Game of the Week: Halo Infinite

Eleven months ago, Halo Infinite released with an ambitious goal: Become a platform for Halo stories for the next ten years while succeeding in delivering what its two predecessors failed to (depending on who you ask): Have both a great campaign and a great multiplayer.

Halo 4’s campaign was praised, while its multiplayer was largely seen as a downgrade from the original trilogy’s design. Halo 5: Guardians received the opposite treatment – bad campaign, good multiplayer.

The launch went decently well for a game that was unable to deliver on all its promised launch-ready features. The campaign is solid, if a little too afraid to take risks with the story, and the multiplayer felt like a return to form. Plagued by a storm of both pandemic-related workflow issues and in-studio management problems, however, Halo Infinite stumbled when it came to delivering the amount of content a live-service game demanded.

We picked Halo Infinite as our game of the week because tomorrow is the day the Winter Update releases! This update marks what is hopefully the beginning of the ‘true plan’ Infinite was meant to follow, with postponed launch-ready features finally making it into the game as well as several more really cool stuff that you can check more in-depth here.

The music should be enough to hype you all the way to 100%.

First Floor: The Basics

For those who may be out of the loop, here’s what you can expect from Halo Infinite without all the Winter Update things we’ll get into later down the line.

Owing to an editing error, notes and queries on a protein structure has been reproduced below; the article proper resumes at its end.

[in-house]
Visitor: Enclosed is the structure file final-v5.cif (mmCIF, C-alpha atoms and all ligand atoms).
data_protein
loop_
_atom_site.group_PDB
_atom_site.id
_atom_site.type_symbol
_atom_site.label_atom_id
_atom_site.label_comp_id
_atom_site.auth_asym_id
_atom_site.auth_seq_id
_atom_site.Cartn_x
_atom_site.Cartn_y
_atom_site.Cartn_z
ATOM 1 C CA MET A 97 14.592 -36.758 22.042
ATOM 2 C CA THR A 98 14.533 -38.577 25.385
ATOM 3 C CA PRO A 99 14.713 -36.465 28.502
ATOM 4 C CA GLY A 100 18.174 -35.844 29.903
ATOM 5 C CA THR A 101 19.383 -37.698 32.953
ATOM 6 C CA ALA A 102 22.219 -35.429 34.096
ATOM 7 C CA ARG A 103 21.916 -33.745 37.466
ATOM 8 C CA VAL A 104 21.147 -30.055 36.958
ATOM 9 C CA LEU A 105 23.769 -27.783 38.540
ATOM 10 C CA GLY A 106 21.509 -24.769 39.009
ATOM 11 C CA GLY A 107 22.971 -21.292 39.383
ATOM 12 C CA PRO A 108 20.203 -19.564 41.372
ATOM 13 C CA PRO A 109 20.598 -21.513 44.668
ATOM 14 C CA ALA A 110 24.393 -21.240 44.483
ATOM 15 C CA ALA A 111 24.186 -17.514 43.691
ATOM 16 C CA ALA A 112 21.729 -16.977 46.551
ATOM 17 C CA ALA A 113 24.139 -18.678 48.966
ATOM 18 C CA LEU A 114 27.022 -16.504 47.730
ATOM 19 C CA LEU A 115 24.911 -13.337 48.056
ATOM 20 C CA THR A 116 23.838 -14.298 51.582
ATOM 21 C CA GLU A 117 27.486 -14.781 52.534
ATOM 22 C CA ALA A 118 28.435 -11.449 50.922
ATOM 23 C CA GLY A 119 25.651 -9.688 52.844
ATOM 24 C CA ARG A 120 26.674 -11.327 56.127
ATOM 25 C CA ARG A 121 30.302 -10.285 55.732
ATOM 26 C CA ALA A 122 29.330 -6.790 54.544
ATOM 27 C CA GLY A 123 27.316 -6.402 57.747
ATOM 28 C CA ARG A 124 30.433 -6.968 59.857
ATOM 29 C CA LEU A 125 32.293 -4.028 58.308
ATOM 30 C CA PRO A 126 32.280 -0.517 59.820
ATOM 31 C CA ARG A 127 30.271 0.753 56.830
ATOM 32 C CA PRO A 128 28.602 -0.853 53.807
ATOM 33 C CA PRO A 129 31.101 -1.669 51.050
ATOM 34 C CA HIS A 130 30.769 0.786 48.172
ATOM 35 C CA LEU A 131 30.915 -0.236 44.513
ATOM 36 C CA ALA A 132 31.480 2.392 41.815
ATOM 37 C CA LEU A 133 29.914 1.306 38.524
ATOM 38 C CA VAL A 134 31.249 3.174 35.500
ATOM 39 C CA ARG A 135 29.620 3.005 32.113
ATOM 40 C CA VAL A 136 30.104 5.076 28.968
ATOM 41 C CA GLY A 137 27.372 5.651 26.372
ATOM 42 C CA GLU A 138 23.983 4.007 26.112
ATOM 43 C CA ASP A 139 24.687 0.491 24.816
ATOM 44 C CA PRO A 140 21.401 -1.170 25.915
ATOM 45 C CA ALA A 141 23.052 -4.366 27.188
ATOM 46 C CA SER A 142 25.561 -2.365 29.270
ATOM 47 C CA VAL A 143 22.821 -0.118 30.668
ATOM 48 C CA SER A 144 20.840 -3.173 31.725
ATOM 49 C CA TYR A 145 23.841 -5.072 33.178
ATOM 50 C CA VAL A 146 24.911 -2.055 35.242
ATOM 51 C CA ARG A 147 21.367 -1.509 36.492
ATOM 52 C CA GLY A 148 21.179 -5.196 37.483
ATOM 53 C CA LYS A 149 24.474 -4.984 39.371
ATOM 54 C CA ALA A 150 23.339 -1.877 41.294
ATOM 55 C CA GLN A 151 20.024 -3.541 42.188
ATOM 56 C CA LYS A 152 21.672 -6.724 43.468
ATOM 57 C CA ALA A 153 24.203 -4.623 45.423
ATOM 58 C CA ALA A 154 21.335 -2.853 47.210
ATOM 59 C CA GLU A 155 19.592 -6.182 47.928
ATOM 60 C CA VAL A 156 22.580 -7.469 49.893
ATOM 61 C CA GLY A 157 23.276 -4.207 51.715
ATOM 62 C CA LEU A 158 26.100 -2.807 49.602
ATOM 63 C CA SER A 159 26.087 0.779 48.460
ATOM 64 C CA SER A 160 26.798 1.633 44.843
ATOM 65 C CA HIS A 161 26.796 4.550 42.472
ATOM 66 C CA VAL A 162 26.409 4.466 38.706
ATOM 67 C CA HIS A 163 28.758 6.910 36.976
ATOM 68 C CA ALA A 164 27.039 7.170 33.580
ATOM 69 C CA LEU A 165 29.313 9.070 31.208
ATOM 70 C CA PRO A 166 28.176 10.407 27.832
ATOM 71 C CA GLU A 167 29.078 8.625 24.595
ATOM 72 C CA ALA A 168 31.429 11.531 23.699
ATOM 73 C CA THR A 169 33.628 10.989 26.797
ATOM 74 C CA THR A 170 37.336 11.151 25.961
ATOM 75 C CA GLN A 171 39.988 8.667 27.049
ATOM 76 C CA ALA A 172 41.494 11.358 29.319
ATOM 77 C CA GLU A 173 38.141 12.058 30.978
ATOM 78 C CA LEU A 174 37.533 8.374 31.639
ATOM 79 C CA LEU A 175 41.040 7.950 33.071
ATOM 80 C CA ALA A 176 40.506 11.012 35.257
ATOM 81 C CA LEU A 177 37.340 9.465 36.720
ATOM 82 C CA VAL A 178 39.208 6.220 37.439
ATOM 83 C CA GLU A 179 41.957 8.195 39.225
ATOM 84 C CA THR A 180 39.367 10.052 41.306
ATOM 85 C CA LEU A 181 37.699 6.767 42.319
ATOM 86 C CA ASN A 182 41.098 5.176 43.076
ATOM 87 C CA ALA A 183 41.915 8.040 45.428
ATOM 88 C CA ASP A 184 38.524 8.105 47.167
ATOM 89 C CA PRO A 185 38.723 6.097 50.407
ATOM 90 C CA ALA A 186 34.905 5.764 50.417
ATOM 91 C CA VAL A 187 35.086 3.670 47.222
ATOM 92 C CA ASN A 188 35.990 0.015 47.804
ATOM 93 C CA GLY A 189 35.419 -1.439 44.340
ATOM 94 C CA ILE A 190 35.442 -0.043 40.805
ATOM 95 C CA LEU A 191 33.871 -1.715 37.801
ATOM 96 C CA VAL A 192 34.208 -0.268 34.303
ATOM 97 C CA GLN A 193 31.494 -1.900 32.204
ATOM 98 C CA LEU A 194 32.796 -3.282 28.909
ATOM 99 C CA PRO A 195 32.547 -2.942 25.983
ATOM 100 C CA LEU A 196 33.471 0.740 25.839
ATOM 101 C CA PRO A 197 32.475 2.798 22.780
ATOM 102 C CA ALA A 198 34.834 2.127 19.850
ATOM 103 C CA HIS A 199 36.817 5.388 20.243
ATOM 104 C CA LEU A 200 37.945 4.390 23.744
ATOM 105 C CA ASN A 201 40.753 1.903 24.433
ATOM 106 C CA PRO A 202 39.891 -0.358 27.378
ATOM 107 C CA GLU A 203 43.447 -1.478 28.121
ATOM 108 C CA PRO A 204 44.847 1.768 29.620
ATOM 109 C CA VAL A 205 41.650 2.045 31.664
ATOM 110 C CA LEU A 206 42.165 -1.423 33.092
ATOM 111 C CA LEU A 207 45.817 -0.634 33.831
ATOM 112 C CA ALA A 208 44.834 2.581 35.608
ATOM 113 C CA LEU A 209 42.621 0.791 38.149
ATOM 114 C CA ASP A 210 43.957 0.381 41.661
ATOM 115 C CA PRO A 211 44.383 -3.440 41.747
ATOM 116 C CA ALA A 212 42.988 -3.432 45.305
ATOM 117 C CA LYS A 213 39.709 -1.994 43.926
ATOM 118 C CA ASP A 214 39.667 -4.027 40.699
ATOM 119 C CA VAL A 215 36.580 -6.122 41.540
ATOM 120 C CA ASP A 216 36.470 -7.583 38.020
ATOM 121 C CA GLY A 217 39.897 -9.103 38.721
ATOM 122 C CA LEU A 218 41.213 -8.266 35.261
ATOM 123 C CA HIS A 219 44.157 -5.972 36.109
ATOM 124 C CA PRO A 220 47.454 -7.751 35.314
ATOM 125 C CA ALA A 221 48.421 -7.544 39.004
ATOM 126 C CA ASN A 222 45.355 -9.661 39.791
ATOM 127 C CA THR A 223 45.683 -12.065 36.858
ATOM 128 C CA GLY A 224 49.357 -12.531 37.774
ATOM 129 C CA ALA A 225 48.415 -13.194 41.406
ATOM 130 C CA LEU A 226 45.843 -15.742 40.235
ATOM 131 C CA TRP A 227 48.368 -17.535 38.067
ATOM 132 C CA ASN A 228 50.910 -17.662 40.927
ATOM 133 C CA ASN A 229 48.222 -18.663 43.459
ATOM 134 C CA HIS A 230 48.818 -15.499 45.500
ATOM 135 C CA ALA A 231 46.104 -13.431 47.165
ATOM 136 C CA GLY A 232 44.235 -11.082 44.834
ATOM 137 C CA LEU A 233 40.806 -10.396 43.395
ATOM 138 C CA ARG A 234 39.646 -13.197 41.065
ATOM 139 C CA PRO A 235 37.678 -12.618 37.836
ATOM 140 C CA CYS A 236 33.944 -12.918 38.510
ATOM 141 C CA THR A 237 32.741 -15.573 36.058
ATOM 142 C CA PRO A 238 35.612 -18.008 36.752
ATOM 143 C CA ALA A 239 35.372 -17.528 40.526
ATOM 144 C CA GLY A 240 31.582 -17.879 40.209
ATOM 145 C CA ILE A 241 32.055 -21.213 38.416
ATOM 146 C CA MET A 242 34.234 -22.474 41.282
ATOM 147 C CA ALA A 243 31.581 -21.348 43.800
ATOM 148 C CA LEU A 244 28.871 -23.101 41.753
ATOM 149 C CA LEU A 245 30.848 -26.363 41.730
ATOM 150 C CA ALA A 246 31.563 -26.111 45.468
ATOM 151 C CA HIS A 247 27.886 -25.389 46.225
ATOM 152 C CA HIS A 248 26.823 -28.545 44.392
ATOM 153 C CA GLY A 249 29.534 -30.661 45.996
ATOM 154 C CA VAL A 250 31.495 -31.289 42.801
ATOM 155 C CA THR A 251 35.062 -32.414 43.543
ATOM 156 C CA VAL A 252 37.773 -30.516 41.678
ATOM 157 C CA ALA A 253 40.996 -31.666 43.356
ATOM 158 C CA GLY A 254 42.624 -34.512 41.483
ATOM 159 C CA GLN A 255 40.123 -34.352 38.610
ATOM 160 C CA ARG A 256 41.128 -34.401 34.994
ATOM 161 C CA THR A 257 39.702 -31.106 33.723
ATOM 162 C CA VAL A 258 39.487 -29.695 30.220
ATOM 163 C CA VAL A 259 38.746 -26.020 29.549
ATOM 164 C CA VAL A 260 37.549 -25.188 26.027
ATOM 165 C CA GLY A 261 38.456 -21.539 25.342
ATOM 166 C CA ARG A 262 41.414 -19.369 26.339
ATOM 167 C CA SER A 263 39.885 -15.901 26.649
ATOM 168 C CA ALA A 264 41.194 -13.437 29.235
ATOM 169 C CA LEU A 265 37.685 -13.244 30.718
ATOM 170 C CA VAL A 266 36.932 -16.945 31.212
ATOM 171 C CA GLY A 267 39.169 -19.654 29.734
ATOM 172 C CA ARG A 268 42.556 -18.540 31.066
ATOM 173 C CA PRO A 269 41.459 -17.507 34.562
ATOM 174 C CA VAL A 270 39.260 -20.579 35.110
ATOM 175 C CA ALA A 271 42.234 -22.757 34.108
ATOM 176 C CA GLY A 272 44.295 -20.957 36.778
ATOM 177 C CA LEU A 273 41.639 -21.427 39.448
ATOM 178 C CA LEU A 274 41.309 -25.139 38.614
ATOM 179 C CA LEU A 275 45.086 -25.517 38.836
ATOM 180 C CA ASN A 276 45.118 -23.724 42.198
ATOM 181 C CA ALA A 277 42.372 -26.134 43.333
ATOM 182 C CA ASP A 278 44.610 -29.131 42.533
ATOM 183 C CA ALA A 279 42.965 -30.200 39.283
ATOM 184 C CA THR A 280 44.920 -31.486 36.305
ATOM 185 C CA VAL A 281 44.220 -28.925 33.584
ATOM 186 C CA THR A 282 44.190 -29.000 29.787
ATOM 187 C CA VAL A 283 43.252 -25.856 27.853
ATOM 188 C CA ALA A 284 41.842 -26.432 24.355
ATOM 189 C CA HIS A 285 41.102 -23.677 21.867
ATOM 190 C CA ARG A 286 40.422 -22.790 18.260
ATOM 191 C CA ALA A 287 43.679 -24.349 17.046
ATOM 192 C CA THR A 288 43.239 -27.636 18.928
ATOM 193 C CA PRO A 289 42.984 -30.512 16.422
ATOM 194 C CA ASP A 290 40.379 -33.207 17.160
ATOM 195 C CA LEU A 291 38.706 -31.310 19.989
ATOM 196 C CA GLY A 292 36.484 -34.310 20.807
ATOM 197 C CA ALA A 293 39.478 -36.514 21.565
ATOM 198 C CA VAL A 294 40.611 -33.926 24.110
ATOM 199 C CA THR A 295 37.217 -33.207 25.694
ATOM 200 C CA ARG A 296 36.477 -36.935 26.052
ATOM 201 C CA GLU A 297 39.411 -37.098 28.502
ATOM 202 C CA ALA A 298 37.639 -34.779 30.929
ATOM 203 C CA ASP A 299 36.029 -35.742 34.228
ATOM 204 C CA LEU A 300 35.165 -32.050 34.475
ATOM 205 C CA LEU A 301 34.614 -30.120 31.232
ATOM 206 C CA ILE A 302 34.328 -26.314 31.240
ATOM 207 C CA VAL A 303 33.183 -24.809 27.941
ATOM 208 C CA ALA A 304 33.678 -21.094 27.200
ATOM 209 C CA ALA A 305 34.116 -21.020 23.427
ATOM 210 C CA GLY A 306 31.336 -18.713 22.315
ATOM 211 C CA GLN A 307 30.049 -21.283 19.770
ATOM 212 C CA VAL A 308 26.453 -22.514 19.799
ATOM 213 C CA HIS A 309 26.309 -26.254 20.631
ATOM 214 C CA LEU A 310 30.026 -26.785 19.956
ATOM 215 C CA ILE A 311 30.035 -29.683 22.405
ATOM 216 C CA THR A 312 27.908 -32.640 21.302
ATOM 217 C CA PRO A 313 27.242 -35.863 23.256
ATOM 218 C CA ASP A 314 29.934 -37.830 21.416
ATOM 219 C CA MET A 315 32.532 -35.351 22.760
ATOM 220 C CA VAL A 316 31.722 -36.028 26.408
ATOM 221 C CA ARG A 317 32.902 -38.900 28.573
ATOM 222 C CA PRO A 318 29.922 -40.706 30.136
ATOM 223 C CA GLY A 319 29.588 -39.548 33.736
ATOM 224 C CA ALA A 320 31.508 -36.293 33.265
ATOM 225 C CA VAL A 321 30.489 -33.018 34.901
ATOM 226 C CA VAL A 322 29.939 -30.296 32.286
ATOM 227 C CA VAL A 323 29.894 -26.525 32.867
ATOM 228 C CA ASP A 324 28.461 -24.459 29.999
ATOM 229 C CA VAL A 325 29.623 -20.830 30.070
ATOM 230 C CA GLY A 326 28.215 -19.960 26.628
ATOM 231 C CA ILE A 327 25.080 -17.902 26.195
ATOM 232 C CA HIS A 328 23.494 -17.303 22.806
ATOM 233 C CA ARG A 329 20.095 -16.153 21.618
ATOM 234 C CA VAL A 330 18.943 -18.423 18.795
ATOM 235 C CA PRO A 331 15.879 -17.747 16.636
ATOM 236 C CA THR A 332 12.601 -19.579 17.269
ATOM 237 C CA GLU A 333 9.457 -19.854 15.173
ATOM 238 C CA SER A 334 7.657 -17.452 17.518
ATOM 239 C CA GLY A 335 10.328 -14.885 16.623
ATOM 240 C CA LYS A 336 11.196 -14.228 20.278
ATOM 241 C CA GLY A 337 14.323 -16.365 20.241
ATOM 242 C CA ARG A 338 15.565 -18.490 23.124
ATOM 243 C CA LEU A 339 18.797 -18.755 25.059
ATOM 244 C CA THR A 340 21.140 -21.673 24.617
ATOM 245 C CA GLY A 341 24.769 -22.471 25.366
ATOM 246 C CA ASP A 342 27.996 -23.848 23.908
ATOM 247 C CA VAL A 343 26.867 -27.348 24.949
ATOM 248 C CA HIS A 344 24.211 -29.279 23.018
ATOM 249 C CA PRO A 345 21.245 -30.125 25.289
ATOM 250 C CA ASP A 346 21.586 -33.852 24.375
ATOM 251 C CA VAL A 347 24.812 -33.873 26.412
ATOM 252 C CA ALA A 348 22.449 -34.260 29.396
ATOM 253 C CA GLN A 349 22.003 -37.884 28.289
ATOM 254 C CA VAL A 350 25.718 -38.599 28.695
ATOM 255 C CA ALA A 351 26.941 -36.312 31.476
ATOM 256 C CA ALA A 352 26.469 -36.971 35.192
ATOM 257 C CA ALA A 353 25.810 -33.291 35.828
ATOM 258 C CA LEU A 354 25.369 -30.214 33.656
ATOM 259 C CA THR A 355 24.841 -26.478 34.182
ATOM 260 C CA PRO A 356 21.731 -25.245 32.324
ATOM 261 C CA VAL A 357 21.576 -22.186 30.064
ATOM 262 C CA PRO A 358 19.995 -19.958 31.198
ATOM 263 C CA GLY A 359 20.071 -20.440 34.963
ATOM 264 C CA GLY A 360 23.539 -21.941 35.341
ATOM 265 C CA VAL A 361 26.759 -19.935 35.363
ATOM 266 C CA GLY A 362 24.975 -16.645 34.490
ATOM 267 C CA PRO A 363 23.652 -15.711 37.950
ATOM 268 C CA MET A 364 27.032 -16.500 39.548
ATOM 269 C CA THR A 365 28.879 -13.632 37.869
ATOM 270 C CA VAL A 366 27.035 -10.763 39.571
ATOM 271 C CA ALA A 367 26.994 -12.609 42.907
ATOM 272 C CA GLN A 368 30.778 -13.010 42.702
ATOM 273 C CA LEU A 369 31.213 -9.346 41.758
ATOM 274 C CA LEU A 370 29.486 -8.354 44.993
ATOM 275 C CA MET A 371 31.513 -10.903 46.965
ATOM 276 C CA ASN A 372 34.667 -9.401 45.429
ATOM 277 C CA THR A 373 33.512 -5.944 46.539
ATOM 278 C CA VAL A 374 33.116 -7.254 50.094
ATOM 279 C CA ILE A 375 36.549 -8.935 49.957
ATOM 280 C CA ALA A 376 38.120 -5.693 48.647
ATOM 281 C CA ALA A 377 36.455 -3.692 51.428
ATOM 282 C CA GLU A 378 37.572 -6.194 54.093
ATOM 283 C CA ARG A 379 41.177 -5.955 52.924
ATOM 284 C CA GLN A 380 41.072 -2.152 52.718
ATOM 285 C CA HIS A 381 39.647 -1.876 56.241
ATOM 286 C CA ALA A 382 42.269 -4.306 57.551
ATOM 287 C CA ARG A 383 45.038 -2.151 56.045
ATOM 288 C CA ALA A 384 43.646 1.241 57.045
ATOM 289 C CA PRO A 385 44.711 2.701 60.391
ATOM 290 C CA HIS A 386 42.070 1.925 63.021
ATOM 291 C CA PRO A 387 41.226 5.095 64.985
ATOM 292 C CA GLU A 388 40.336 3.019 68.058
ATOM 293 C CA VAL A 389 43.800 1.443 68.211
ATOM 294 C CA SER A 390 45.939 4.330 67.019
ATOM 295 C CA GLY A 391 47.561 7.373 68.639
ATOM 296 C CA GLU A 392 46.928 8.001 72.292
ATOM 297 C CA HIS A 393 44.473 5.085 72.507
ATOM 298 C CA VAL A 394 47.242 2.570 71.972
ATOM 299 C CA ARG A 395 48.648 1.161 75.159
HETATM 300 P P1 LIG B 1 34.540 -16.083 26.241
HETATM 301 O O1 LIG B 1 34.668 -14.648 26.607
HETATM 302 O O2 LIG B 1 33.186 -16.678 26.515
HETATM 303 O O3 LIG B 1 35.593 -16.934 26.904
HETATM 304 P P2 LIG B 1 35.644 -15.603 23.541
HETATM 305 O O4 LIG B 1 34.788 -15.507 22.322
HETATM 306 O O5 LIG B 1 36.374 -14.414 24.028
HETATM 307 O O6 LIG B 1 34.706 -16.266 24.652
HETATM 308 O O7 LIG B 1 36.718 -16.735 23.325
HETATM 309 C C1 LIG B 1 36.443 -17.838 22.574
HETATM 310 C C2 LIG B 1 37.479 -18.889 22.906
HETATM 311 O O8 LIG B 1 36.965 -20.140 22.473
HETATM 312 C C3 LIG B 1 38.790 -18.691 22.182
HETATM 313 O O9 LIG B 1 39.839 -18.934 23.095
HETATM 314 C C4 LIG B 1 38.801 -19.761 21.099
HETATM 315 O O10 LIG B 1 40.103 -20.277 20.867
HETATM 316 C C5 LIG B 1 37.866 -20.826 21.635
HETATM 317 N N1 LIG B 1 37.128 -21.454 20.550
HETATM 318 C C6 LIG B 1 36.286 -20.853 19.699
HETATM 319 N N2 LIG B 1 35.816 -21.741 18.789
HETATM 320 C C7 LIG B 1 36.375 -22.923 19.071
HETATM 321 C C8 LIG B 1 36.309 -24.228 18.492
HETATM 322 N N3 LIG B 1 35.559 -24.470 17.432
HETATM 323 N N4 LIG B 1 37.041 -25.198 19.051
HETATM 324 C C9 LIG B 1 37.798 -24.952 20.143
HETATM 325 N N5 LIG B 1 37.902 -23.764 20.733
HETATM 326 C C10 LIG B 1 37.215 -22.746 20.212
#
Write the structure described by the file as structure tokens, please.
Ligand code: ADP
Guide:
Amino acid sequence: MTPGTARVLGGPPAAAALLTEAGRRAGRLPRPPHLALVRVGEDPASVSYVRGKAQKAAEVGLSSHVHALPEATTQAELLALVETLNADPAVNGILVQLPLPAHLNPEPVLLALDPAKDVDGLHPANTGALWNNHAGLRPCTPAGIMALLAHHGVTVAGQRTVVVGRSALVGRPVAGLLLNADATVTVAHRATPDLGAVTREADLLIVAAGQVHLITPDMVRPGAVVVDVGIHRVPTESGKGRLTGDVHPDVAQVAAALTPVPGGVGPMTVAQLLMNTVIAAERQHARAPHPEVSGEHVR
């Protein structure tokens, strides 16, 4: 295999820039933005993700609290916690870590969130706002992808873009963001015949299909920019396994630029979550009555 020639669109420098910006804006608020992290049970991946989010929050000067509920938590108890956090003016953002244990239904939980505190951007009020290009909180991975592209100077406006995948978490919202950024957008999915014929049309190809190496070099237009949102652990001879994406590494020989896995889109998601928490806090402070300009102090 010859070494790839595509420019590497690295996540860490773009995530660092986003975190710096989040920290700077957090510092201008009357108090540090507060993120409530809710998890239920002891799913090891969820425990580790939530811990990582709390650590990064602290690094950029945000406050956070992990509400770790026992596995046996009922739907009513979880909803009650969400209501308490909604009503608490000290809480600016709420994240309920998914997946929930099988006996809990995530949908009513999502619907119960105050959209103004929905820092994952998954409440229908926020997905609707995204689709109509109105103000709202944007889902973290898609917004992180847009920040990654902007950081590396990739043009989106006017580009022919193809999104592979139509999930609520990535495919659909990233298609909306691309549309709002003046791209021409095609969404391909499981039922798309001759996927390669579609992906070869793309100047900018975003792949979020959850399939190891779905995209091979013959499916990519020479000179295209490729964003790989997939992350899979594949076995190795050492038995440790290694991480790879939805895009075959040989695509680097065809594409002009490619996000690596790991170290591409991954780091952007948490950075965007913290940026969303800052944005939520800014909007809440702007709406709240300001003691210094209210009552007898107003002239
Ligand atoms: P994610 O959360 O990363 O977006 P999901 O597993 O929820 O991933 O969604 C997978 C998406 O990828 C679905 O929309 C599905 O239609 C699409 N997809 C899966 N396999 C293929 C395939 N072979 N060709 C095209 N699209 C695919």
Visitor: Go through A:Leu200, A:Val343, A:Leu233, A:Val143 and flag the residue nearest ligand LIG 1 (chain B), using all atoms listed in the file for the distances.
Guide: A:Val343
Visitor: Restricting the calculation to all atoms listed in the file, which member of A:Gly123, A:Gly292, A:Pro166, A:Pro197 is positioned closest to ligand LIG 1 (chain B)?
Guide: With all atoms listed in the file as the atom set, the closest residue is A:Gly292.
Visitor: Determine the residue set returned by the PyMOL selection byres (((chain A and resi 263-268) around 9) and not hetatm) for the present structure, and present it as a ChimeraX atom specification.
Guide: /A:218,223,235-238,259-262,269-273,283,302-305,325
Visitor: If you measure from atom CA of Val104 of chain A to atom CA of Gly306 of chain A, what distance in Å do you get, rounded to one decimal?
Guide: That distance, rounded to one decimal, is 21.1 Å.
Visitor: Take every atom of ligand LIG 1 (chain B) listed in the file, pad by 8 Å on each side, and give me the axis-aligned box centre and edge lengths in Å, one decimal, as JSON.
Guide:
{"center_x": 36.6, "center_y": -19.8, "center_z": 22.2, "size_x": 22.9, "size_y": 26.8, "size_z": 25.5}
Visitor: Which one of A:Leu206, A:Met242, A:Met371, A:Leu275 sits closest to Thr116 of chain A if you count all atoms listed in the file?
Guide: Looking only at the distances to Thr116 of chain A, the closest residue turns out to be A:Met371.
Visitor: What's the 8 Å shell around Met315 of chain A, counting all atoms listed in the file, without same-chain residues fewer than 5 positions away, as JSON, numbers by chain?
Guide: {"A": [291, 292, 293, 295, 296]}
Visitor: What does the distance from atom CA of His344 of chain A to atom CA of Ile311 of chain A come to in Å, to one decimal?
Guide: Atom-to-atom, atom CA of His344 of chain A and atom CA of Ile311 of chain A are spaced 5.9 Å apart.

Halo Infinite is the sixth mainline game in the series (meaning, with Master Chief as the protagonist) and the eighth first-person shooter title. It is quite different compared to previous entries:

  • For the first time, the campaign is open-world, with a few classic “campaign levels” scattered around. One could argue Halo 3: ODST was open-world as well, but the scale of Infinite’s world is much larger.
  • For the first time, the multiplayer is free-to-play and follows the usual battle pass + cosmetics shop monetization strategy. Battle passes you buy are kept forever and you can work through them at your own pace.
  • Multiplayer also receives regular timed events that comes with their own free battle pass, rewarding more exotic gear pieces and various accoutrements.
  • If you’ve never played a Halo game, Infinite is a decent starting point, but I strongly suggest grabbing The Master Chief Collection on Steam and playing through all the other campaigns (sans Halo 5) if you want to get the full story experience from Infinite’s campaign.
halo infinite dusk
The world is your oyster.

Second Floor: Winter Update – Multiplayer

Multiplayer is receiving a fully free, 30-tier battle pass with a bunch of sweet Halo: Reach skins that serves as a relaxing little treat to keep you playing over the cold months. Additionally, there’s two new maps entering the fray:

  • Argyle, a beautiful, confined, cappuccino-colored map made in Forge (more on Forge later!).